Testimony at trial established that, in November 1995, stereo equipment was stolen from Floyd's car. Floyd believed that defendant was responsible for the theft. On February 5, 1996, Floyd was at a stoplight when he saw defendant's car pass by. Floyd pulled in front of defendant's car, and the two got out to talk about the stereo equipment. Floyd became angry, picked up a crowbar, and smashed defendant's car windows. Floyd also hit defendant twice with the crowbar.

On April 3, 1996, Floyd picked up Riley, Jenkins and Johnson and then drove to defendant's mother's house. Defendant and his wife, who were in the house, saw Floyd get out and smash the windows of defendant's car, which was parked in front of the house. Defendant's wife ran out of the house and asked Floyd why he was breaking the car's windows. Floyd told her he would pay for the windows if defendant replaced his stereo. Floyd then drove to the McDonald's on 62nd and Western.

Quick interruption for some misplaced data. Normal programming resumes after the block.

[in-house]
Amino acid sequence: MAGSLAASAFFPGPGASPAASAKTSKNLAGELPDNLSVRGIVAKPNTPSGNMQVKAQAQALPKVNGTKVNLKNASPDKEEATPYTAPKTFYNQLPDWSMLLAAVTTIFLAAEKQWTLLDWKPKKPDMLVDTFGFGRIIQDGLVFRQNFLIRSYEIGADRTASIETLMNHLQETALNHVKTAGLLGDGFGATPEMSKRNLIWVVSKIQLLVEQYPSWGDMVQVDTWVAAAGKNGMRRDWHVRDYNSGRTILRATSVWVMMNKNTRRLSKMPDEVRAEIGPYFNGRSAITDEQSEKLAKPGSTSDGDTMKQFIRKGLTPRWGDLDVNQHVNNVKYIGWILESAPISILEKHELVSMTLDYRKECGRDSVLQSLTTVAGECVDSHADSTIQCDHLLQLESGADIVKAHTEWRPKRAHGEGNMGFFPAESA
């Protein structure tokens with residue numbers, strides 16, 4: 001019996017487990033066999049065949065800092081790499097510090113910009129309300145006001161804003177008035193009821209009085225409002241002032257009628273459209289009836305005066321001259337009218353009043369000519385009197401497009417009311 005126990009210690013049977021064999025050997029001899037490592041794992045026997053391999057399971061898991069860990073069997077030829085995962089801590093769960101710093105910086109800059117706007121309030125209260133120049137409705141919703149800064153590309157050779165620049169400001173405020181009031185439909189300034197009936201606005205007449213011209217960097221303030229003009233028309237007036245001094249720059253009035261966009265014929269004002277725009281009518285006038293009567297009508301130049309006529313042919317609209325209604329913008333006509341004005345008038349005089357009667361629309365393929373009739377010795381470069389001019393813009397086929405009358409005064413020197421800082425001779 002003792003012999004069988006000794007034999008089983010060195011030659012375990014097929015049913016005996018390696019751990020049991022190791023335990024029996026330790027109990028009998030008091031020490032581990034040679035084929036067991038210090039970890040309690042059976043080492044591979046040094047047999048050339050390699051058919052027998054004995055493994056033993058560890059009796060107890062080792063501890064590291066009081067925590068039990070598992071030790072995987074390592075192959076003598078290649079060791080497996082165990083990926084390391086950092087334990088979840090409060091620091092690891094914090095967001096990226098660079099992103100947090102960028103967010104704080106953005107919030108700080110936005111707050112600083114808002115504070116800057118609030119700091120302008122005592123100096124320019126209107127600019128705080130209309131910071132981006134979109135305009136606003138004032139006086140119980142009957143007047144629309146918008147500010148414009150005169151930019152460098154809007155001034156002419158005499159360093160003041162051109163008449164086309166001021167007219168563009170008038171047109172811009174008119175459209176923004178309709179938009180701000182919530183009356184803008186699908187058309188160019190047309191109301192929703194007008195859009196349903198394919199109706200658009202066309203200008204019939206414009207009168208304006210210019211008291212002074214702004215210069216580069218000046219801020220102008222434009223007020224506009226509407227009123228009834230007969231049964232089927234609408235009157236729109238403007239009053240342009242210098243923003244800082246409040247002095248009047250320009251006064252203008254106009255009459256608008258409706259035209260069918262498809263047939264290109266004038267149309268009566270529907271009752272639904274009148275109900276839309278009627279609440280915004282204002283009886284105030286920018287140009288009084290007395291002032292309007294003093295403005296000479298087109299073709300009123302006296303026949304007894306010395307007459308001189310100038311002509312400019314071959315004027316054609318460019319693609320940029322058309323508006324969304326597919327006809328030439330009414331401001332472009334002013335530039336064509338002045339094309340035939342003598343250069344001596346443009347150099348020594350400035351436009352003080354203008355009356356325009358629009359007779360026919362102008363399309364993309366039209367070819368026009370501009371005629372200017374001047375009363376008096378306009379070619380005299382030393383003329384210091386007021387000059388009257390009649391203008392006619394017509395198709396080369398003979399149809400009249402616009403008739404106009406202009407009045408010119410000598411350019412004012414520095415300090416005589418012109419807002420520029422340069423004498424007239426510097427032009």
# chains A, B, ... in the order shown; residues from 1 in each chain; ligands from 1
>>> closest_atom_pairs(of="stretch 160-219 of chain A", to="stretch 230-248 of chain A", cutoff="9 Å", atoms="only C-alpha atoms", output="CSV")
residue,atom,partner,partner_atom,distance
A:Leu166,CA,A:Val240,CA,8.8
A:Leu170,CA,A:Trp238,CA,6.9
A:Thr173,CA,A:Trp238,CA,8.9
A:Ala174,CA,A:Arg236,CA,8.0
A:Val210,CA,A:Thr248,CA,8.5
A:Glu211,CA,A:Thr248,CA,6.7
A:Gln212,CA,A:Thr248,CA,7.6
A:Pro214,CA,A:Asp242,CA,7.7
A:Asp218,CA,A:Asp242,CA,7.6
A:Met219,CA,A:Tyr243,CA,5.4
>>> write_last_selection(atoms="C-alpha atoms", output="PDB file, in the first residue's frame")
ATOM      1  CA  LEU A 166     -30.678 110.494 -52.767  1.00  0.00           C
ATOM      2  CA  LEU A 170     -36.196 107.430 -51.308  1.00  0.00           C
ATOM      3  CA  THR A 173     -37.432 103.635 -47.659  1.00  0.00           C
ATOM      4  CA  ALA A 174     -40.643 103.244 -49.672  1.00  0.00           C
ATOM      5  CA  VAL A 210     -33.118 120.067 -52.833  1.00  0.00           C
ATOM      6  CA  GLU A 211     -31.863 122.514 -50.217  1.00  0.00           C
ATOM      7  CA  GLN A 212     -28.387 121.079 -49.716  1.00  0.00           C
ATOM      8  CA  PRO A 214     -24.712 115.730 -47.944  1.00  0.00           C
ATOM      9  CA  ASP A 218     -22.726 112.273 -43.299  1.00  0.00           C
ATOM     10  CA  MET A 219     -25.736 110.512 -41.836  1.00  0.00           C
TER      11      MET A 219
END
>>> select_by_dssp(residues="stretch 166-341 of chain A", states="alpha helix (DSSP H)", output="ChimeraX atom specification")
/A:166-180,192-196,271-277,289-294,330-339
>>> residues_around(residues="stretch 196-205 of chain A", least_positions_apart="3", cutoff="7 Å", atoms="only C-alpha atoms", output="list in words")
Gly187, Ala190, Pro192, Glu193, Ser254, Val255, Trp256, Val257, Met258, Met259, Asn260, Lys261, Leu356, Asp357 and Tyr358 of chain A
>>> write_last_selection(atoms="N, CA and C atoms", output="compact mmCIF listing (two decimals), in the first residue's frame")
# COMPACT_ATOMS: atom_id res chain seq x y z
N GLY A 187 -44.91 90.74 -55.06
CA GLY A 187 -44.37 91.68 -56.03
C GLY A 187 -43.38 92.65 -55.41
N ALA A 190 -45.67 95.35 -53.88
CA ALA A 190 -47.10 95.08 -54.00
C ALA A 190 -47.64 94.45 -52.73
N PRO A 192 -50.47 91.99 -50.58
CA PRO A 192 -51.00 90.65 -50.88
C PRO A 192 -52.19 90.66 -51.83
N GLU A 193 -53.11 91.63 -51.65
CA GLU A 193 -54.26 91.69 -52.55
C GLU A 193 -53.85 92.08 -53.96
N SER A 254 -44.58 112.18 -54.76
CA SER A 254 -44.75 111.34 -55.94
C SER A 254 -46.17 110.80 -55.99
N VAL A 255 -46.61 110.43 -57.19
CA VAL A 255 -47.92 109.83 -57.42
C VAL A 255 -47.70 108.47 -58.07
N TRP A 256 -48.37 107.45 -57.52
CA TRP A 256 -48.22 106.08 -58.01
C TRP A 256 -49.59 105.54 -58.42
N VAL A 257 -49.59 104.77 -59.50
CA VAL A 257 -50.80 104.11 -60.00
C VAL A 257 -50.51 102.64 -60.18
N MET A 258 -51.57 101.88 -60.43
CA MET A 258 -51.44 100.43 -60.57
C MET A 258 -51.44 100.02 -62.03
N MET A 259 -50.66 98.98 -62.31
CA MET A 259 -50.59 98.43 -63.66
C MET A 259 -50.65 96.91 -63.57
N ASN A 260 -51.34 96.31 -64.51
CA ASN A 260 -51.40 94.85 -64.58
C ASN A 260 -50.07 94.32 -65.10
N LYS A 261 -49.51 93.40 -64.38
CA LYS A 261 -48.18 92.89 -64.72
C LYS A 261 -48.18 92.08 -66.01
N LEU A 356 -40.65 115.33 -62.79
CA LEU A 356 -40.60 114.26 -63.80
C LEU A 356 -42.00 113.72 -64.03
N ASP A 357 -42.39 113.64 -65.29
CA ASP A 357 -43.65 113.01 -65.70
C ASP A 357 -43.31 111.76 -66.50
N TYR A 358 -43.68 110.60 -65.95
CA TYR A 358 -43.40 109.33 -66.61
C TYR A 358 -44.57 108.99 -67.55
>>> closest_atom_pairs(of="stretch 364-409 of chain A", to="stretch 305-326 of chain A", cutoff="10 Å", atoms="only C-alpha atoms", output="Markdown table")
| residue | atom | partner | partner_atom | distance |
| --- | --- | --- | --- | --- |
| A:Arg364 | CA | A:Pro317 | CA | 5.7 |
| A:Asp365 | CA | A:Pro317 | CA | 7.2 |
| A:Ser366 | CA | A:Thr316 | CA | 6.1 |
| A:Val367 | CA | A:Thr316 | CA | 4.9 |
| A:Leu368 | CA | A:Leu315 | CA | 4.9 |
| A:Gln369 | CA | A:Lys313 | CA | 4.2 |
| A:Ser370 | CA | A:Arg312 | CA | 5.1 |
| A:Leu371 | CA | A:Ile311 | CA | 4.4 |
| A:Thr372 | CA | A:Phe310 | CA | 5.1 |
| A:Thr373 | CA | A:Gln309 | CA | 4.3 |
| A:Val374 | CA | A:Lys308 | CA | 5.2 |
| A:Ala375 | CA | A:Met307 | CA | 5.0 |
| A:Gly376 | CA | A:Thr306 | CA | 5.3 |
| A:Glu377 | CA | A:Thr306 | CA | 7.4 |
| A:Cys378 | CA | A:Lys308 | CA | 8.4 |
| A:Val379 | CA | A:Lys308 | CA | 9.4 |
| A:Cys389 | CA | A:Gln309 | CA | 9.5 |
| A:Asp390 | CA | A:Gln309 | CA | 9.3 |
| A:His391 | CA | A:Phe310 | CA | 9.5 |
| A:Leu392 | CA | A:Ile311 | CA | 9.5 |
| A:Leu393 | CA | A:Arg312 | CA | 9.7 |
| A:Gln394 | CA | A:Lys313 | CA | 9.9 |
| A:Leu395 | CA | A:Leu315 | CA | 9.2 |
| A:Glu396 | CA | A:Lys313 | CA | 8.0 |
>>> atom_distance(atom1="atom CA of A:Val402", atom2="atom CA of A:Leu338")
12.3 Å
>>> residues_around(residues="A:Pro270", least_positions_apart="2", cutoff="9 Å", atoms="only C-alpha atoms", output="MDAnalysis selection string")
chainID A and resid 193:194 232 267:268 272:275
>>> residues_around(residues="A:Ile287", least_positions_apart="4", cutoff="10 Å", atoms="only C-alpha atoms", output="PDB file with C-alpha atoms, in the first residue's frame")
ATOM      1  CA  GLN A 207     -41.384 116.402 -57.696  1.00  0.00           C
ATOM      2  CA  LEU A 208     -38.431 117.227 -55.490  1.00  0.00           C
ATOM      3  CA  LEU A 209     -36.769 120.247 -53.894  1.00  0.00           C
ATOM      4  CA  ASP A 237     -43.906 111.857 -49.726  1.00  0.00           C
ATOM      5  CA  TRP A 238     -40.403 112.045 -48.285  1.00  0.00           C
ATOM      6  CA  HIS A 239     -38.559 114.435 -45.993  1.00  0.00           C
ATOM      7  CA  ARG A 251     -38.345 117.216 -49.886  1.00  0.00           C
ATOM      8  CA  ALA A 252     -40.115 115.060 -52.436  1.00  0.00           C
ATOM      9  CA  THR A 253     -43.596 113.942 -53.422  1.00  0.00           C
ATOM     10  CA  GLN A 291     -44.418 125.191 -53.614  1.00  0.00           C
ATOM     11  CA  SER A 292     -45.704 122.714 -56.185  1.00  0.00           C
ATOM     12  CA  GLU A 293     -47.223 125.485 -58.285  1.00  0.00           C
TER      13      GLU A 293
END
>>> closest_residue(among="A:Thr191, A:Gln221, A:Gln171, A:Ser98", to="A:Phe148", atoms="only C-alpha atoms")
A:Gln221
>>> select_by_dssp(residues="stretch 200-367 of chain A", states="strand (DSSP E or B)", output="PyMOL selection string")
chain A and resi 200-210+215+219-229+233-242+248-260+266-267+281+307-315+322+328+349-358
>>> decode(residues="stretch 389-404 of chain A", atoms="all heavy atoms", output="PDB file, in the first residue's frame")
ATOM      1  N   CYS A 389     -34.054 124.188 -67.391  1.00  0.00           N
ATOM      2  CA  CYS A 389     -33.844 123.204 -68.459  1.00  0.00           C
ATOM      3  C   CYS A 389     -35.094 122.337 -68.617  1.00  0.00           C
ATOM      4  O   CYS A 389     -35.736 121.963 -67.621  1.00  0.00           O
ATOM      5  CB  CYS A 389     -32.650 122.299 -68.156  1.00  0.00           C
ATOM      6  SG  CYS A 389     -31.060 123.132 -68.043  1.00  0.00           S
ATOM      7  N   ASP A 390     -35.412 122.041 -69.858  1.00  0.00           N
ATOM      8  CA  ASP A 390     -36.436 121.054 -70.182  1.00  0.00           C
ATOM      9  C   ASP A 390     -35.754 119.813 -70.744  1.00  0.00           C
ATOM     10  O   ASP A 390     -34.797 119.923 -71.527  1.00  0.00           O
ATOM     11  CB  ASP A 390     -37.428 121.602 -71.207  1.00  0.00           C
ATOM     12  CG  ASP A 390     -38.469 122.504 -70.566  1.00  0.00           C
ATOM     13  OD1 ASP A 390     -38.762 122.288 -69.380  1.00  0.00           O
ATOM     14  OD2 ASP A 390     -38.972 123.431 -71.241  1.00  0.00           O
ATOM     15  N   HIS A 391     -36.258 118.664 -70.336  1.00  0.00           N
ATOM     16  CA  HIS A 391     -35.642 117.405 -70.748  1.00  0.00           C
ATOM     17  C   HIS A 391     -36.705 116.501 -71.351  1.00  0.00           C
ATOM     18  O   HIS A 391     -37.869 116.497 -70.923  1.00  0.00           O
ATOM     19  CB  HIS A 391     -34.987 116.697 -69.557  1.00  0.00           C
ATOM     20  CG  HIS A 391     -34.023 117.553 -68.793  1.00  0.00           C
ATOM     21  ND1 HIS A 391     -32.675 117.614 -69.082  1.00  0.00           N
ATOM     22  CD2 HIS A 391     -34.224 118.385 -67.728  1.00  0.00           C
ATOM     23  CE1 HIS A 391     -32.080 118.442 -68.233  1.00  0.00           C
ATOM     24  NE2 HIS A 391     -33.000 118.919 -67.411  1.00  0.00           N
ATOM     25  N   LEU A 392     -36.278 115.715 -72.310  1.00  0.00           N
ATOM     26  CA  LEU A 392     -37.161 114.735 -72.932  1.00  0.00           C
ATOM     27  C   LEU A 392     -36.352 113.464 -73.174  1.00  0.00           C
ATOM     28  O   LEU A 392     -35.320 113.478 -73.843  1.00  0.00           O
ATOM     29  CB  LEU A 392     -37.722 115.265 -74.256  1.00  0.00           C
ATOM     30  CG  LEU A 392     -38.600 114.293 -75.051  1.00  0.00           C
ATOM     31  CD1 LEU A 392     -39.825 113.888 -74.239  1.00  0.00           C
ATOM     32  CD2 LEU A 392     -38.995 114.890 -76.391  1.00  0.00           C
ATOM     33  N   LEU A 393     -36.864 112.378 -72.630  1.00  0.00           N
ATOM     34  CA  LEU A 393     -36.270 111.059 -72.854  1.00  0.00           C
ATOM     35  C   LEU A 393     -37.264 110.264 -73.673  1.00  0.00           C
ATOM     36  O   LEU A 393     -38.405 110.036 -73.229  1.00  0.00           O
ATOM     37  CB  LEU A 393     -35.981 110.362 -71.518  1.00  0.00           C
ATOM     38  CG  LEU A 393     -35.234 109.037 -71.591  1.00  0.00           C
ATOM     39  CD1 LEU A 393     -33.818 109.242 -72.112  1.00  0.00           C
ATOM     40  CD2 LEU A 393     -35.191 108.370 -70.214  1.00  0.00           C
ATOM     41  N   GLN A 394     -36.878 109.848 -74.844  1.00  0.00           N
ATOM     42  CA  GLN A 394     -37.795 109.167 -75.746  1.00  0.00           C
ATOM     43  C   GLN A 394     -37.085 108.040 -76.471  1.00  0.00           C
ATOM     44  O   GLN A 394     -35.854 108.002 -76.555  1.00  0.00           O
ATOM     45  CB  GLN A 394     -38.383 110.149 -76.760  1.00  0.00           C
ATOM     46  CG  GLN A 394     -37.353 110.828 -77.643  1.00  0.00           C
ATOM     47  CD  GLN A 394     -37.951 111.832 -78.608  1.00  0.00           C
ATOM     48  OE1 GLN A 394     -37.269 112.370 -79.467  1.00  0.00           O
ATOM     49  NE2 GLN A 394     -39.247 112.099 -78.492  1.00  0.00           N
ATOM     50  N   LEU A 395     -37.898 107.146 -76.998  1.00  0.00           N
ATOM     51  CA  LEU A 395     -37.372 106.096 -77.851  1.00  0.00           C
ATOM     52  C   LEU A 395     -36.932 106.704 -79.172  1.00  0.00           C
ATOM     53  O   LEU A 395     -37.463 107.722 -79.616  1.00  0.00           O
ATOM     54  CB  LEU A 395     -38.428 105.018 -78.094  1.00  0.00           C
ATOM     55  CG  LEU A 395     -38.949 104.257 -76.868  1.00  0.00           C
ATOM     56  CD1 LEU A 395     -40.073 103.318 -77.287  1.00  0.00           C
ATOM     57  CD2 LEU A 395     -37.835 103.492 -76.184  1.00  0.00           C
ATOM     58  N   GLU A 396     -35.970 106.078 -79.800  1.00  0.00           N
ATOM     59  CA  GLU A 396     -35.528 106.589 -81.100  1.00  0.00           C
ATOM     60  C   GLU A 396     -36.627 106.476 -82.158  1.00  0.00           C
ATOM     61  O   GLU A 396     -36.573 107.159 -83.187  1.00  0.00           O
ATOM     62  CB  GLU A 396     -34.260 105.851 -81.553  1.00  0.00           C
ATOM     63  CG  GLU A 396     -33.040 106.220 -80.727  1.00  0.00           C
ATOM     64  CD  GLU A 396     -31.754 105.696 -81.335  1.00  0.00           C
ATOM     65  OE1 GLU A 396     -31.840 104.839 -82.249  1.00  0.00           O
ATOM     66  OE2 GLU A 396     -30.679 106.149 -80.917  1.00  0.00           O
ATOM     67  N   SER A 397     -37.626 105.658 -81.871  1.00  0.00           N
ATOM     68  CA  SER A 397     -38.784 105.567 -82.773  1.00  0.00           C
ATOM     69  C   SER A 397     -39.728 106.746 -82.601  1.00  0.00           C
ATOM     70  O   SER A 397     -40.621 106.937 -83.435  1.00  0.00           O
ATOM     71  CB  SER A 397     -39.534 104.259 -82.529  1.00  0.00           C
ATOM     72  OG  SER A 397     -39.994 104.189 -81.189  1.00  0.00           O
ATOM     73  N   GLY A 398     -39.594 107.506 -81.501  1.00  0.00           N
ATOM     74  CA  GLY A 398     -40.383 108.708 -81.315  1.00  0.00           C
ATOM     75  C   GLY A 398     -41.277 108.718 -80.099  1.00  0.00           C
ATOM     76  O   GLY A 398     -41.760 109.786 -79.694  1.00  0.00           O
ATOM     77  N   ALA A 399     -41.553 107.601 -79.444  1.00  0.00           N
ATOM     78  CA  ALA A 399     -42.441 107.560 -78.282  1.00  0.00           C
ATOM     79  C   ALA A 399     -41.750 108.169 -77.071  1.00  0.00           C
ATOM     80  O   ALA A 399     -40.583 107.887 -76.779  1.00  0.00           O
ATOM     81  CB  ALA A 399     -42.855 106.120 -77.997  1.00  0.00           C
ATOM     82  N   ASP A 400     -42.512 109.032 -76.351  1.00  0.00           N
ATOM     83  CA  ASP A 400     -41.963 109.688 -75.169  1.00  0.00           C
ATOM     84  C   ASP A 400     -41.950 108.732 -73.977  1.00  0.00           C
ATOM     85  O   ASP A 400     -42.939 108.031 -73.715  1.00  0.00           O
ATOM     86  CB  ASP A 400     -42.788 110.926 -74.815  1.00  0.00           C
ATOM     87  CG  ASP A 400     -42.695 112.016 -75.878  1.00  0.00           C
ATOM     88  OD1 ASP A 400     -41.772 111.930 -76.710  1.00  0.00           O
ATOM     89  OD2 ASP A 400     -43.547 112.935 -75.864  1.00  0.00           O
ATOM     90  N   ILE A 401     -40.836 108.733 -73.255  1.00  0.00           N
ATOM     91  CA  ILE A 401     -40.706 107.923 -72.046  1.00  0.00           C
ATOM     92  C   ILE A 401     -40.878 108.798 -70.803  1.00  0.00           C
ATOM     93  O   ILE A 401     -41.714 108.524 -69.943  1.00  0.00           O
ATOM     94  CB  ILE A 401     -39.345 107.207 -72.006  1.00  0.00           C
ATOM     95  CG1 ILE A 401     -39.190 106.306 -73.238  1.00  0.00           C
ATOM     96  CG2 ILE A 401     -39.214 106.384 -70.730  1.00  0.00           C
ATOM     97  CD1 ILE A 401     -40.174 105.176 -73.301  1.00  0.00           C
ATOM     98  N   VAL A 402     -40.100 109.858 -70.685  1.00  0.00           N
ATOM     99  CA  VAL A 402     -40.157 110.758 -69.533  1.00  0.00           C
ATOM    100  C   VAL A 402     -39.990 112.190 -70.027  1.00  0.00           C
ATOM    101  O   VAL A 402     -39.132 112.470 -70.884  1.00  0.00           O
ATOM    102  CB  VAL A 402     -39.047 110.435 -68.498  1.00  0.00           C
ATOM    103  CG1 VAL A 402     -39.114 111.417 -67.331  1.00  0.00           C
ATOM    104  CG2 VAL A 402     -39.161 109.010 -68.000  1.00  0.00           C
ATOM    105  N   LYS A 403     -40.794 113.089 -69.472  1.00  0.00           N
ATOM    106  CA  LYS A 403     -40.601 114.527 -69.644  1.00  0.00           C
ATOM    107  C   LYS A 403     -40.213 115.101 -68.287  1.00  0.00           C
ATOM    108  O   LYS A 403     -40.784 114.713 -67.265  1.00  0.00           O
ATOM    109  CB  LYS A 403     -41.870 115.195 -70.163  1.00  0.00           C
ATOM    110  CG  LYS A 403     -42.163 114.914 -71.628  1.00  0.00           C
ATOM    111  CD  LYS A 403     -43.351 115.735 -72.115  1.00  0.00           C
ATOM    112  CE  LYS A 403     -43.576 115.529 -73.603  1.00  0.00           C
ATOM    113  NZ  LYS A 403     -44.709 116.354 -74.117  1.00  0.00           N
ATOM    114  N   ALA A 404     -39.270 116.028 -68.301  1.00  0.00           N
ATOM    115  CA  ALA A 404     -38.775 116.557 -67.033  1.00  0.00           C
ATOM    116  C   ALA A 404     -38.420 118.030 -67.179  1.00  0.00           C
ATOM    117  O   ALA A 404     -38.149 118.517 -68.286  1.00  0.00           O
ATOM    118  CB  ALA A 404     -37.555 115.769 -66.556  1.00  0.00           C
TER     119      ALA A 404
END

Meanwhile, defendant walked outside to look at his car. A man named Tom came over to him and said that he had seen what had happened. Defendant told Tom he was going to look for Floyd. Tom told defendant he should arm himself because one of Floyd's companions, Johnson, had a gun. Tom then gave defendant a black .38-caliber revolver. Defendant put the revolver in the front of his pants and asked a friend for a ride. As they were riding south on Western Avenue, defendant saw Floyd's car parked at the McDonald's.